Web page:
Because I watch the local NBC news and The Rachel Maddow Show, I've been seeing non-stop ads for their upcoming reality show "School Pride" about armies of volunteers swarming public schools to clean, repair, and upgrade them. And every time I saw one of those ads, I asked the same question: who's paying for it?
The Sunday NYT has a puff piece about the new series (Brian Stelter, "'School Pride,' Reality TV Brings School Makeovers," New York Times, 10/14/10) that doesn't get around to addressing that question until the seventeenth paragraph, the fourth from the last: "For the most part NBC handled the TV production costs, while sponsors covered the renovation costs and made donations. Like other reality shows, product placement abounds, with Home Depot, Wal-Mart, Microsoft, and General Motors all playing starring roles for their contributions to the schools."
Translation: if we had higher taxes, so that every school could afford to buy all these building materials, computers, software, supplies, and vehicles, our schools wouldn't look like they do. Is this really terribly shocking? Once counties and states learned that they had to bid against each other in a destructive race to the bottom, first eliminating property taxes on corporate property and then, when that wasn't enough, handing out huge chunks of local taxpayer funded corporate welfare, in order to bid against each other for the too-few jobs that the corporations were auctioning off to the lowest bidder, pretty nearly every school except for the ones in a few very wealthy districts ran almost completely out of maintenance money.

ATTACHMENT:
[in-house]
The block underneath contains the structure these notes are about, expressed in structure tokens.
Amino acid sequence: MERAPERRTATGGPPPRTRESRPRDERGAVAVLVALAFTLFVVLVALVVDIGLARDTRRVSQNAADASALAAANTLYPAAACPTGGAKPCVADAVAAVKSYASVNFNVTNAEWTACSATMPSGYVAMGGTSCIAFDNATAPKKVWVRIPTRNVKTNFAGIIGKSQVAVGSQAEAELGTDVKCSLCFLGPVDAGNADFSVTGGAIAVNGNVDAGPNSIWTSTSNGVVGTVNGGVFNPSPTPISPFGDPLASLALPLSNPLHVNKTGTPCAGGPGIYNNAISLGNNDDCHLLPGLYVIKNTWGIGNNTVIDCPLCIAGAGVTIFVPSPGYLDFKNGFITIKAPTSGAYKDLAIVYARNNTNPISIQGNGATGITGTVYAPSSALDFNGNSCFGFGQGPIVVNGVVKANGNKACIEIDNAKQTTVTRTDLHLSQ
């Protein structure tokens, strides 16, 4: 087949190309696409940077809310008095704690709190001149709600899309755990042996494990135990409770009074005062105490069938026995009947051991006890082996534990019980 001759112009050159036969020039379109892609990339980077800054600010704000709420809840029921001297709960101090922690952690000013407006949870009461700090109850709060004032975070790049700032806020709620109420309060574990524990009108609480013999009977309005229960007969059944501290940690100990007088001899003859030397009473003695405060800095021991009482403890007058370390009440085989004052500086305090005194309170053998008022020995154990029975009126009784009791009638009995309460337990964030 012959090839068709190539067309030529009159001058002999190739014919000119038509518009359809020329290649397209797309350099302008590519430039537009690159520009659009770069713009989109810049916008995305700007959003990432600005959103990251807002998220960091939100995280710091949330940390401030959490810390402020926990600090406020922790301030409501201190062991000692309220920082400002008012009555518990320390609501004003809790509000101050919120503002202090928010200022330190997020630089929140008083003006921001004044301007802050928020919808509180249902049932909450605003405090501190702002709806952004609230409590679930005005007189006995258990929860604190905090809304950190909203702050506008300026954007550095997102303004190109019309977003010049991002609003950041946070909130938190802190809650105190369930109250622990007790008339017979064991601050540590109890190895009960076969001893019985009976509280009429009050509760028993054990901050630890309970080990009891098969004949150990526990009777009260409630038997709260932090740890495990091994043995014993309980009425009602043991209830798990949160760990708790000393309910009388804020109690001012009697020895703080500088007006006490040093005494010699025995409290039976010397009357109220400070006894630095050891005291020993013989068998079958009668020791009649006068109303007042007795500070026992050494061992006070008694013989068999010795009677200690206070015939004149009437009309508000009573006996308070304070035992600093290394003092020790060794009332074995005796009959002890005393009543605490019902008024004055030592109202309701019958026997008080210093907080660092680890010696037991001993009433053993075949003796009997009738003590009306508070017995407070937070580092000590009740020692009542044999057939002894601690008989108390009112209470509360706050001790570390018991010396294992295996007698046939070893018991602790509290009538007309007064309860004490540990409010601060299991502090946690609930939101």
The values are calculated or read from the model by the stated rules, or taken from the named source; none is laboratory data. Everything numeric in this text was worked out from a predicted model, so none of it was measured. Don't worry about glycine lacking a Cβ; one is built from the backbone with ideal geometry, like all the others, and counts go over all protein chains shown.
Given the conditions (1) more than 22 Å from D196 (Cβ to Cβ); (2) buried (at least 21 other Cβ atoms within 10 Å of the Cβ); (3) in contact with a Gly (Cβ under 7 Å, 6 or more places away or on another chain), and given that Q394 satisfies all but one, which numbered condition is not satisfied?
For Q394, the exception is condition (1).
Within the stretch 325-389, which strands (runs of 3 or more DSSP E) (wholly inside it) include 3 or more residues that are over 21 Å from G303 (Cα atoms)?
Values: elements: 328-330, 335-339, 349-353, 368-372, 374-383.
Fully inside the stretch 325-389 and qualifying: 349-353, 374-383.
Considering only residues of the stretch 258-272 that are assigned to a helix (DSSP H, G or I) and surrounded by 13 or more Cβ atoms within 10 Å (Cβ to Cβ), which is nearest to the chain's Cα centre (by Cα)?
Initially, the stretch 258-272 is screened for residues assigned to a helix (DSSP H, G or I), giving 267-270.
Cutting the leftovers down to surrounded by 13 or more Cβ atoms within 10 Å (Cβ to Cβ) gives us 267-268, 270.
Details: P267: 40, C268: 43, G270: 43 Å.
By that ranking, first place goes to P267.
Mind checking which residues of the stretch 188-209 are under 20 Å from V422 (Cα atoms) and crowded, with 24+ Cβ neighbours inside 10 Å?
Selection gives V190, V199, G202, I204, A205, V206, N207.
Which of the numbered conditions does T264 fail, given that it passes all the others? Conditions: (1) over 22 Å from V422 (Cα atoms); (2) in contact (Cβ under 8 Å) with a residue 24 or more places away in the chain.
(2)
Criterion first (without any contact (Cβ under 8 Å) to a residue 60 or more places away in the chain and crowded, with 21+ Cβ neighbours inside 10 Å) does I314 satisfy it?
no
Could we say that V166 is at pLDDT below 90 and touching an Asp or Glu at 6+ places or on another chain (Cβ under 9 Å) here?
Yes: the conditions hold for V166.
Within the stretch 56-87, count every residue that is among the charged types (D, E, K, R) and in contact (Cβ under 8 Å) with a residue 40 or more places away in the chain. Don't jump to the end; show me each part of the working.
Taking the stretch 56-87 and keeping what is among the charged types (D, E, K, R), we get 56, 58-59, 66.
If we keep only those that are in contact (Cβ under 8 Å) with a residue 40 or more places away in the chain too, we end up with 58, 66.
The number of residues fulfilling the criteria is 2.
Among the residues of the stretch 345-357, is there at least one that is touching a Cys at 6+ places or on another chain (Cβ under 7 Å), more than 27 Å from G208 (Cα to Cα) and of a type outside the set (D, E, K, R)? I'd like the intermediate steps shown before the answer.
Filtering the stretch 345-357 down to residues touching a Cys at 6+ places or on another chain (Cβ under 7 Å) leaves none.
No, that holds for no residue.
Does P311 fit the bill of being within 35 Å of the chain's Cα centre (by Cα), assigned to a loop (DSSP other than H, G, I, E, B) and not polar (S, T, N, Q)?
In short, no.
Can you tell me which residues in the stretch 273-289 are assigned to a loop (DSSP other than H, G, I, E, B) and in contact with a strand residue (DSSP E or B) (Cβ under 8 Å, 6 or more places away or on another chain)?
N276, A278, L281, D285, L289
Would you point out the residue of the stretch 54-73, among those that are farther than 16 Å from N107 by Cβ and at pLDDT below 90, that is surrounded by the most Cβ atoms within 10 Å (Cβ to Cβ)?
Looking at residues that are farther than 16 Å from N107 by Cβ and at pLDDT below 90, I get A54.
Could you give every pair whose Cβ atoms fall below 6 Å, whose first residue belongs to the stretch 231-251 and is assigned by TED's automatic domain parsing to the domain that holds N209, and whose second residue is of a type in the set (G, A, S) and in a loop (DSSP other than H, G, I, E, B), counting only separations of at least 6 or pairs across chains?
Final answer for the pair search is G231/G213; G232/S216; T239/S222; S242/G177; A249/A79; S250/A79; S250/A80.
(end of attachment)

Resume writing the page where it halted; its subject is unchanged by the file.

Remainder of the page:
And counties had no choice in the matter: run-down schools or high unemployment, it's not even all that hard to see which of the two hurts not just the county, but the kids as well, the more. So we learned to put up with schools that look, not just like prisons, but like long-abandoned prisons. When people move out to the exurbs for "good schools," it's not just to escape the feared black male students who might hurt (or worse, befriend) their precious white snowflakes, it has the bonus attraction of having school buildings that were built more recently, so they haven't had as much time to decay.
So I'm not terribly surprised that wealthy and powerful corporations donated money and materials to a fellow wealthy corporation, enough money and materials to remake just a couple of the country's thousands of decayed schools. They can count on that fellow wealthy corporation to package the school makeovers in such a way as to find some way to blame labor unions and lack of volunteers, not three decades of anti-tax blackmail and corporate welfare, for the state of our schools. And if they're very lucky, they can hope that remaking those five or ten schools or however few it is will stave off the pressure to raise the taxes it would take to fix the rest of them, and thereby make the issue go away for a little while longer.
Color me "not impressed."